SMEs need to have more than courage
To date, China has over 50 million small- and medium-sized enterprises (SMEs), which account for 80 percent of the country's jobs, 60 percent of gross domestic product (GDP) and half of the national tax revenue, according to the Ministry of Commerce.
One of the important factors for businesses' survival is the availability of a healthy cash flow. Yet for SMEs, maintaining a positive cash flow is often far from their reach.
Despite government measures to assist SMEs, the amount of funding and further tax reductions continue to nag officials. [Full Story]
Growth of SME loans outpaces credit to large firms
SMEs see higher industrial output growth
SMEs facing financial strains in Wenzhou
Small- and medium-size enterprises (SMEs) in Wenzhou are faced with severe cash-flow problems as they find it hard to access bank loans or personal loans due to tight lending policies.
"A recent survey found that over 70 percent of 1,000 enterprises in our association have severe financial problems and only a few managed to get enough money to finish orders," said Zhou Dewen, the head of the Wenzhou Small- and Medium-sized Enterprises Promotion Association.
Zhou said many enterprises are borrowing money from all available sources to keep their businesses running and to fulfill orders from their clients.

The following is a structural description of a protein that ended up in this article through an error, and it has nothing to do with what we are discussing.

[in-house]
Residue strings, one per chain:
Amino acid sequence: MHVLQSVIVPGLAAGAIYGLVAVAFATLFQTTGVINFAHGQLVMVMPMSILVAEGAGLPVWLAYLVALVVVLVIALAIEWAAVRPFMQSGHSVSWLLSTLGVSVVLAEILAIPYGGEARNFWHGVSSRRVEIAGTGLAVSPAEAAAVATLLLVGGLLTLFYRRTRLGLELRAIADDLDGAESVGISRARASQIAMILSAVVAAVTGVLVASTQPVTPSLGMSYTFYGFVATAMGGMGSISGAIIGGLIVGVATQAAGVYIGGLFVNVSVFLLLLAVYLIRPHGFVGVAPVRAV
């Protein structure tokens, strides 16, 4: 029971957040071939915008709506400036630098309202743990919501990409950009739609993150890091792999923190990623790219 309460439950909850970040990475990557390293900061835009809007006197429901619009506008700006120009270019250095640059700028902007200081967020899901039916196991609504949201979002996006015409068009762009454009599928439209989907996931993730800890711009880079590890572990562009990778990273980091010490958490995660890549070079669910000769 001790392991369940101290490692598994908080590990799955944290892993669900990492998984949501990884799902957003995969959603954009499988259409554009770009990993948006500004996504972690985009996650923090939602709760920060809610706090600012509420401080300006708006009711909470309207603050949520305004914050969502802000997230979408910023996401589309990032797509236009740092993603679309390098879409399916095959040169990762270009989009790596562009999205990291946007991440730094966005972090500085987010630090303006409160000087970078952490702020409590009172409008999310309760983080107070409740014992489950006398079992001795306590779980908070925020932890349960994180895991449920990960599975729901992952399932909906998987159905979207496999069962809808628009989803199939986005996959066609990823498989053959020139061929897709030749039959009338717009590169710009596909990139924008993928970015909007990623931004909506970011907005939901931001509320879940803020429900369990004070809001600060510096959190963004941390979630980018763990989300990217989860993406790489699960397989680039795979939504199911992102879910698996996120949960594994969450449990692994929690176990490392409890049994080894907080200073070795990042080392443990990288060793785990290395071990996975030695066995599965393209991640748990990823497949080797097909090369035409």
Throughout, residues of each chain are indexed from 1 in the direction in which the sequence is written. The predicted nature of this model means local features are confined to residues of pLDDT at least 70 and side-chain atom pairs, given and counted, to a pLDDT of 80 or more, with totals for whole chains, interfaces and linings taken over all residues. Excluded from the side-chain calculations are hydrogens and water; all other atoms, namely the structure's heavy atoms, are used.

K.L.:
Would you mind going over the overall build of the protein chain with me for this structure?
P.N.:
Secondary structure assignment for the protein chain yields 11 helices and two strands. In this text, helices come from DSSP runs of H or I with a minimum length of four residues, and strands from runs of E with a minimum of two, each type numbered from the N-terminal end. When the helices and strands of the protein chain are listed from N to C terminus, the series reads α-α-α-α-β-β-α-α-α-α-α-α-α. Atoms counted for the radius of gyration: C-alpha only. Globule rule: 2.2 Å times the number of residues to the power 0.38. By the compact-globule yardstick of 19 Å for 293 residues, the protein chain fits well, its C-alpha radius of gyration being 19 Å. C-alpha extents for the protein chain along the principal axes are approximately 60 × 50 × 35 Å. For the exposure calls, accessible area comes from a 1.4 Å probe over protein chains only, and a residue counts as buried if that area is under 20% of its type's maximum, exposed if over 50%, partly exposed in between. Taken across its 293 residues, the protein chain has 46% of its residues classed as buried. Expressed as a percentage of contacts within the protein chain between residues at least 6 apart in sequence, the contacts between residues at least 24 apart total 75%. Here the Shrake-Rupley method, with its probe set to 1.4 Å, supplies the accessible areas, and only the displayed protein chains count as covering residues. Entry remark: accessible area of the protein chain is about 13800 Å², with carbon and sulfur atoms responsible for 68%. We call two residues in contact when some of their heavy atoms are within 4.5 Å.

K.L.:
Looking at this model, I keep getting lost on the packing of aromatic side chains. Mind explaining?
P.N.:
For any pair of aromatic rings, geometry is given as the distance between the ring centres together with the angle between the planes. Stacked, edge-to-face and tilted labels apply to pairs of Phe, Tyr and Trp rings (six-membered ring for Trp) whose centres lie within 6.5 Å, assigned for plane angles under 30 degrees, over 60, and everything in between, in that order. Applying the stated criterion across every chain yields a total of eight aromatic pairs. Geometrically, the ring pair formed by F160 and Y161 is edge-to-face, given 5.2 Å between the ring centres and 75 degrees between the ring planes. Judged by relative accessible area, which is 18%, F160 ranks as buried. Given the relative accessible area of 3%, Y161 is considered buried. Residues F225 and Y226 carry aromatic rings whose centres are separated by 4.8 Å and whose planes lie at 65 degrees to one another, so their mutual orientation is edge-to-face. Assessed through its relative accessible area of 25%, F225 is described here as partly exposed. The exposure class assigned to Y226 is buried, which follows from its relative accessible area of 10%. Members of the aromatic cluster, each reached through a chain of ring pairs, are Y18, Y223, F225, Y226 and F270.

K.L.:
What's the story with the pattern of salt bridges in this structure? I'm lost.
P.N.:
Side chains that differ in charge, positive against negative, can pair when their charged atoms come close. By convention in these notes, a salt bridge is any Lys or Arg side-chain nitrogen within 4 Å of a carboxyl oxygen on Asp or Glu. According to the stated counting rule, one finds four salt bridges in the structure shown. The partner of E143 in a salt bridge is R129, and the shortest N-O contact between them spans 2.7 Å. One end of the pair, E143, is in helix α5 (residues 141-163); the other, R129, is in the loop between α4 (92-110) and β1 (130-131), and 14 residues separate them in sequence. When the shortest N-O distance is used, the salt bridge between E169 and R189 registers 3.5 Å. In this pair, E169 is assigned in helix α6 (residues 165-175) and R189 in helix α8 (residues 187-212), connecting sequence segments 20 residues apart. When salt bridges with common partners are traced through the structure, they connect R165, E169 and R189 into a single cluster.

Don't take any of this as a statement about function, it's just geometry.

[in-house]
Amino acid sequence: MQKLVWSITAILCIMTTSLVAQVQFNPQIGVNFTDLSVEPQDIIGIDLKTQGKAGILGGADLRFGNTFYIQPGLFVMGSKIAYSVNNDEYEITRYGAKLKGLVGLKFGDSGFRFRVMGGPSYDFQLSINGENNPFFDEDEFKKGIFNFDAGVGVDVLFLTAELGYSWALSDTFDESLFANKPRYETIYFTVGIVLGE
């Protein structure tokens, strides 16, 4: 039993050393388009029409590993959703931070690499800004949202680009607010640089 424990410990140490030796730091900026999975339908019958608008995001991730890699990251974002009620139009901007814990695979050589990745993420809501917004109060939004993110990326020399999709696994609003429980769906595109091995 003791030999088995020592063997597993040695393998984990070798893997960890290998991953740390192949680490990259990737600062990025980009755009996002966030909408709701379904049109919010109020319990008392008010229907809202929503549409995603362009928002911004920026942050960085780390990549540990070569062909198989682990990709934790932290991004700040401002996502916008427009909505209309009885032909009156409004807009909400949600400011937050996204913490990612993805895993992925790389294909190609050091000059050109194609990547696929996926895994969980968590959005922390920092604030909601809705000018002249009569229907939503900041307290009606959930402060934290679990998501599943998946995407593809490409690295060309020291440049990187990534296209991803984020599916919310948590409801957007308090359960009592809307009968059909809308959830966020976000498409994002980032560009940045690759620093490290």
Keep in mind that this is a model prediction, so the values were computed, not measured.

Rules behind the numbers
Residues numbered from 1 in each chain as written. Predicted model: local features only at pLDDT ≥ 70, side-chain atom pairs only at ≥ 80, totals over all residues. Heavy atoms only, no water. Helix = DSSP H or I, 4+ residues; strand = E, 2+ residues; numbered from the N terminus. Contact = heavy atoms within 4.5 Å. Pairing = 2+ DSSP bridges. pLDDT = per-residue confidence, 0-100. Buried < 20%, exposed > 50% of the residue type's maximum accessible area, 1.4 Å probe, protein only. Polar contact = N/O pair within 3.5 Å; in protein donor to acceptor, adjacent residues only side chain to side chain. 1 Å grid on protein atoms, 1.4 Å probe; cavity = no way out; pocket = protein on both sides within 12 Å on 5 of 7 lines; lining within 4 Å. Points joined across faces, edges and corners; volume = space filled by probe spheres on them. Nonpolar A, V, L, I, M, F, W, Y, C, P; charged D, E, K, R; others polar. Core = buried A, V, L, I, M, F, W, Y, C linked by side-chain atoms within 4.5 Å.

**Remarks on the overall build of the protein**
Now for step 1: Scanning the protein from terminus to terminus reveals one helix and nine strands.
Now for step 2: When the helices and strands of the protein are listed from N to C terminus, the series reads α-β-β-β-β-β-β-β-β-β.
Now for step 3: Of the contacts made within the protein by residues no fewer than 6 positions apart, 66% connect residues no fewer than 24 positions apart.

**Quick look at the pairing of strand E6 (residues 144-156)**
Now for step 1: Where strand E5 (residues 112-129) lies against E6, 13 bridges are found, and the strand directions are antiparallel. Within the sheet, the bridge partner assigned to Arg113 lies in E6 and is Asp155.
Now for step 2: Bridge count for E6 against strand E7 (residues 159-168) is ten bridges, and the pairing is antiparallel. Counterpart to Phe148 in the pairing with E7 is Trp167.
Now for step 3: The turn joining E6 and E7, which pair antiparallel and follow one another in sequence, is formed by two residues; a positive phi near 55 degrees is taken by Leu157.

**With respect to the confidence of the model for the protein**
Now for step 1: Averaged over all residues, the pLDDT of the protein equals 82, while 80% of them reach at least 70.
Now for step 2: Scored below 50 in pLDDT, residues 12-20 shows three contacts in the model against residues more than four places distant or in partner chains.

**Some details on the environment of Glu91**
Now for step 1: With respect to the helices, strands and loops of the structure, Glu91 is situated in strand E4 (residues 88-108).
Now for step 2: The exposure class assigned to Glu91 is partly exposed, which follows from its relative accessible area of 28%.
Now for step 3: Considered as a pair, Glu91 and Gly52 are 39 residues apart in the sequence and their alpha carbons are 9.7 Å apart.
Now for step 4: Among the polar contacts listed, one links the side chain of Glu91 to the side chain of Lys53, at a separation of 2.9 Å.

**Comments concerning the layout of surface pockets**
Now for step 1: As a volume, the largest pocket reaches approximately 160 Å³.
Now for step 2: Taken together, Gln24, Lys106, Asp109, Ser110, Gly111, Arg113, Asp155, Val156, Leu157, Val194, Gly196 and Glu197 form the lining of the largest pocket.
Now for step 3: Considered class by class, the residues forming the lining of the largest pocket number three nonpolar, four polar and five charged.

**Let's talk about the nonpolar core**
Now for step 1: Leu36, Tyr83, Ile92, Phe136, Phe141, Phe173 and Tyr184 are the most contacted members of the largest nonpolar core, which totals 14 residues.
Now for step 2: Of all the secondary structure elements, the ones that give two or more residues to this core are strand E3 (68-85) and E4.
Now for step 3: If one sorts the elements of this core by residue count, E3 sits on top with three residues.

Many SMEs are borrowing money from the gray market private money lenders for short-term financial needs.[Full Story]
Small firms, big problems as costs rise
The rapid rise in labor costs and the soaring price of raw materials, together with the increasing cost of borrowing, has left small and medium-sized businesses (SMEs) there facing a dilemma.
In June, inflation in China showed no signs of abating. The consumer price index, the main gauge of inflation, rose to 5.5 percent in May, and when the figures for June are released in the middle of next month, they're expected to confirm another increase.
Moreover, the Producer Price Index, which reflects changes in the prices of raw materials and other costs, came in at 6.8 percent in May, down from 7.3 percent in March, but still much higher than in September, when it was 4.3 percent.
Meanwhile, the authorities have cracked down on lending and the money supply to combat inflation, a move that has further increased the pressure on China's capital-thirsty small businesses. To make ends meet, some businesses have even been forced to use underground financing sources, which charge exorbitant interest rates. Moreover, wages have been rising continually in recent years, adding to corporate costs. [Full Story]
Soaring CPI puts squeeze on manufacturers
Small manufacturers shudder at rising costs
Improved access to loans not a cure-all for small firms
Labor secretary warns of strict enforcement for wage law
China adds micro-business category
China's top economic regulators subdivided categories of small- and medium-sized enterprises (SMEs) by adding a "micro-sized enterprises" category, the Oriental Morning Post reported on Tuesday.
The new category standard was released on July 4, by the National Development and Reform Commission, National Bureau of Statistics, Ministry of Finance, and Ministry of Industry and Information (MIIT). The standards are designed to help SMEs with preferential policies.
Zhu Hongren, a chief engineer at MIIT, said creating new categories for small, medium-sized and micro-sized enterprises will make it easier for the government to collect data and also help SMEs to provide more jobs.[Full Story]